Are UK babies named Derek anymore?

The BBC is in search of UK babies named Derek.

Alfie, Ruby, Archie, Jack, Evie, Florence, and Ava are all in fashion and conjure up nostalgic thoughts of working-class Britain between the wars.

But there are some names that seem immune to rehabilitation.

Derek is one of those names.

Derek, originally a short form of Theodoric, was brought to Britain during the Middle Ages by settlers from the Low Countries. Theodoric comes from a Germanic name meaning “ruler of the people.” (It’s not related to Theodore, despite the resemblance.)

The name Derek remained rare in Britain until the very end of the 1800s. Even as late as 1881, Great Britain only had 6 males named Derek and 15 named Derrick.

Yet in 1934 Derek was the 14th most popular baby name in England and Wales. In 1944 it had fallen to 27th in the list. In subsequent decades it fell from 37 to 43 before reaching 100 in 1974. It has not reappeared since.

In 2011, only 22 baby boys in England and Wales were named Derek. Even fewer were named Derrick (6) and Derick (3).

So far, the BBC has heard from just one UK parent — Lee Woollard of Luton, who welcomed a son named Derek in July. (Baby Derek is named after his great-grandfather Derrick.) Lee says:

We have had ‘interesting’ reactions to his name, some people like it while others look and say “are you serious?” or mistake it for Eric. The anaesthetist at our hospital said she had been working there 10 years and it’s the first one she had seen delivered.

If you know any other UK babies named Derek, forward this post (or the original article) to their parents!

Source: Redmonds, George. Christian Names in Local and Family History. Toronto: Dundurn, 2004.

5 thoughts on “Are UK babies named Derek anymore?

  1. In 1898, a New Zealand newspaper called the name Derek “peculiar”:

    The Hon. Derek Keppel’s somewhat peculiar Christian name is a corruption of Theodoric, otherwise “the gift of god,” and should more properly be spelt Deric.

    The article went on to talk about infamous English executioner Thomas Derrick. This strongly negative association (Derek/Derrick) could very likely be the reason the name Derek remained rare in England for so long.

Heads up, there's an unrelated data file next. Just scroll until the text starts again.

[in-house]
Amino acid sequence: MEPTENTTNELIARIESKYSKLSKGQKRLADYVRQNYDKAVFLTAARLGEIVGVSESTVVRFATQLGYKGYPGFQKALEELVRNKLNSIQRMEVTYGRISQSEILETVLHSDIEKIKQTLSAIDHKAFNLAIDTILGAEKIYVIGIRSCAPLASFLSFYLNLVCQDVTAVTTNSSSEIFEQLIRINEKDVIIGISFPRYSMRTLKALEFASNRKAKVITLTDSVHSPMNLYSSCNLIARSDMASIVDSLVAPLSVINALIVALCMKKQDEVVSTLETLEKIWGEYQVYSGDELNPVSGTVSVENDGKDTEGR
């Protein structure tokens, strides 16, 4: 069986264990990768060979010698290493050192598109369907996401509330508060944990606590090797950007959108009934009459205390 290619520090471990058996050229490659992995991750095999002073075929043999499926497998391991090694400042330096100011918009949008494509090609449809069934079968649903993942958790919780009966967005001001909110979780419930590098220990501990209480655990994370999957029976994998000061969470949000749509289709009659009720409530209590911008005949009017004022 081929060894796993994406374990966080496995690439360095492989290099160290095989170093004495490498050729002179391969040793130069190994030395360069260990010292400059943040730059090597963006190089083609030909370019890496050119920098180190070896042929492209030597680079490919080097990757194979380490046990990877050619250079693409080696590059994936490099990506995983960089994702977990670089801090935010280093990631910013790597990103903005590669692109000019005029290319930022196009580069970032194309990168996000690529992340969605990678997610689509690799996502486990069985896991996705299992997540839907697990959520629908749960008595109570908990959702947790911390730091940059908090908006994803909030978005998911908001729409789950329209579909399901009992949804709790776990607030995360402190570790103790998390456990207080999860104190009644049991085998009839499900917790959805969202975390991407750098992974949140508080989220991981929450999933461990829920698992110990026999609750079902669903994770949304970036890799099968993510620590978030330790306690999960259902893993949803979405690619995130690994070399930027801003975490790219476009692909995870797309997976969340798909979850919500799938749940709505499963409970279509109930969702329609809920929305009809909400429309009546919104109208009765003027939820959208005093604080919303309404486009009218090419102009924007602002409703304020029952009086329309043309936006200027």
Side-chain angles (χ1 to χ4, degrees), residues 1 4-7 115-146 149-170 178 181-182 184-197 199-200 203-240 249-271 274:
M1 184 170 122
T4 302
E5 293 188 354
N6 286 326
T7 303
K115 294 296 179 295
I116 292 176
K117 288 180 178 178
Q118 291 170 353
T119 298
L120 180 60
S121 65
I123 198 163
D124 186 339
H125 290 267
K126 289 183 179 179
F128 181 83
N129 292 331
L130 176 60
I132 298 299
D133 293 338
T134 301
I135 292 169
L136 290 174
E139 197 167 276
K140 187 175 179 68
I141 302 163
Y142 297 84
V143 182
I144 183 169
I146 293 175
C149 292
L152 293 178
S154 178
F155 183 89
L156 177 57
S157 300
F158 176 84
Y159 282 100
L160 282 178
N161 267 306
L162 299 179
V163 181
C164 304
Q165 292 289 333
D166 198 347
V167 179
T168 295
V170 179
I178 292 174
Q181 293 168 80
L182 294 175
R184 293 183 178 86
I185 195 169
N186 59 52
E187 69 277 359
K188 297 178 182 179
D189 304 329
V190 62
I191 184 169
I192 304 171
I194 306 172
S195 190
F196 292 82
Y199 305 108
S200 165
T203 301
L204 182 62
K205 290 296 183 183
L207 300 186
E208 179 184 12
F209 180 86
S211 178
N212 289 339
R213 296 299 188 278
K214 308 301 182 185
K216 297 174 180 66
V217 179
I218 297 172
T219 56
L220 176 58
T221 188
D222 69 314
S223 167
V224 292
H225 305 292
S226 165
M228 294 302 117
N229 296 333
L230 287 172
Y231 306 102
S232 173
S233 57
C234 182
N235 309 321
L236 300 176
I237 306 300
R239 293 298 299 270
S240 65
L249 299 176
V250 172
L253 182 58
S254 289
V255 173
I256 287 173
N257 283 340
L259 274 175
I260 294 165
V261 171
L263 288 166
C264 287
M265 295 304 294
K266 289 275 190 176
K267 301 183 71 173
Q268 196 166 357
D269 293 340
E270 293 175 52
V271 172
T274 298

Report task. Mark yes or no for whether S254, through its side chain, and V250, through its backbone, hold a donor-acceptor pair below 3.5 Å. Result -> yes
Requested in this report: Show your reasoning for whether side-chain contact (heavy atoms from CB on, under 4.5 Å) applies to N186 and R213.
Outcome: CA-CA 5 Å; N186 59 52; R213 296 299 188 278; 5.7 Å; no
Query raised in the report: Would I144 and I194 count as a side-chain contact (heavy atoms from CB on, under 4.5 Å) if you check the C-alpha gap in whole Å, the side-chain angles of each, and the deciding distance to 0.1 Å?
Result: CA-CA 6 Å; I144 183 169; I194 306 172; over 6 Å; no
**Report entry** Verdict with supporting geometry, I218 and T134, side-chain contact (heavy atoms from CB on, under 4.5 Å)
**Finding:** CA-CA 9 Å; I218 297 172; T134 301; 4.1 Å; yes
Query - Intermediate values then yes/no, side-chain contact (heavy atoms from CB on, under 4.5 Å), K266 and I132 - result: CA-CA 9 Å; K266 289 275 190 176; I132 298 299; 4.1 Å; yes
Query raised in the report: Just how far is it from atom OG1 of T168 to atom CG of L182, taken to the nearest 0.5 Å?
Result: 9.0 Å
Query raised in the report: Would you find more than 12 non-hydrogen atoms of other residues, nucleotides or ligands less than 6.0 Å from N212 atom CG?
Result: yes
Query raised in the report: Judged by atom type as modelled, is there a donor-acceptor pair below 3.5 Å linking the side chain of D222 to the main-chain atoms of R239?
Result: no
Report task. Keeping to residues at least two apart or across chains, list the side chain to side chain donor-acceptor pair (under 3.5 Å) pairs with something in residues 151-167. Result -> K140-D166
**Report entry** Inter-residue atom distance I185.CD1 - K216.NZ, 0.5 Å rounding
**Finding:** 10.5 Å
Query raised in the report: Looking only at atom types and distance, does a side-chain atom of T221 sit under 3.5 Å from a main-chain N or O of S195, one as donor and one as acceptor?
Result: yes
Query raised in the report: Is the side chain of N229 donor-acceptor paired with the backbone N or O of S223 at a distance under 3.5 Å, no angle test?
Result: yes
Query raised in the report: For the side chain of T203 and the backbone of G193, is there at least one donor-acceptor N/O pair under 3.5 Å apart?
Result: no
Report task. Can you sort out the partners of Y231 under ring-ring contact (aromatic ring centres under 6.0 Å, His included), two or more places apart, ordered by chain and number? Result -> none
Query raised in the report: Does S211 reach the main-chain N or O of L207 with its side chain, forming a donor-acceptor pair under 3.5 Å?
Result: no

Source: “Derivations.” Otago Witness 17 Nov. 1898: 59.

  2. The BBC has published a list of responses to the original article.

    Some of them:

    I was born in 1972 and christened Derek Edwin Grubb (despite never having appeared in a Dickens novel). I hated my name. From quite an early age, I cringed every time it was called. Even as a child I felt there was something not quite right with “Derek”. Being from Liverpool, I was nicknamed Degsy. Meanwhile “Degsy” Hatton was “taking on the Tories”. It was a stigma throughout my teenage years. While I wasn’t shy with girls I’d say it definitely hindered my success with them. When I was 18 I changed my name. I sort of regret that choice now, it’s a bit action hero-ish, but I’d rather live with a name an 18-year version of me chose, than the one my parents gave me. Jake Ryan, formerly Derek, Liverpool

    By implication, you are suggesting that I am not popular and unlikely to be rehabilitated. I have been a Derek for 68 years. It has never been a problem for me apart from with people who cannot pronounce their letter Rs. In some quarters, I have learned to respond to DEWEK. Disgruntled Dewek of Grafton Regis

    And now I know I’m part of a dying breed. My name is Derek, a name I’ve loved for 28 years. It always served me well, mainly because nothing rhymes with it. Bullies on the playground were speechless. Awesome. I had a son two years ago, my wife and I named him Denver. I would have named him Derek Jr, but my wife wasn’t having that. Apparently she agrees with your article and Derek just isn’t fashionable anymore. Derek Jory, Vancouver, Canada

    Being named Derek myself, I enjoy having such a unique name in a world filled with Johns, Jacks, Michaels and Davids. In a time when individuality it becoming less and less apparent I like to think it gives me a platform to stand out amongst the more popular and frequently used names. Derek Amoako, London

    I was born in 1947 and am called Derek, with my son born in 1995 also being called Derek. I am very proud of the name Derek, and with there being less people nowadays with the same name, it tends to make you feel more special, rather than the run of common names. Derek Irwin, Hampshire

  3. Britain has a new comedy-drama TV show called Derek, starring comedian Ricky Gervais as the titular character. If the show becomes popular, I wonder if it will influence the perception/usage of the name Derek over there.

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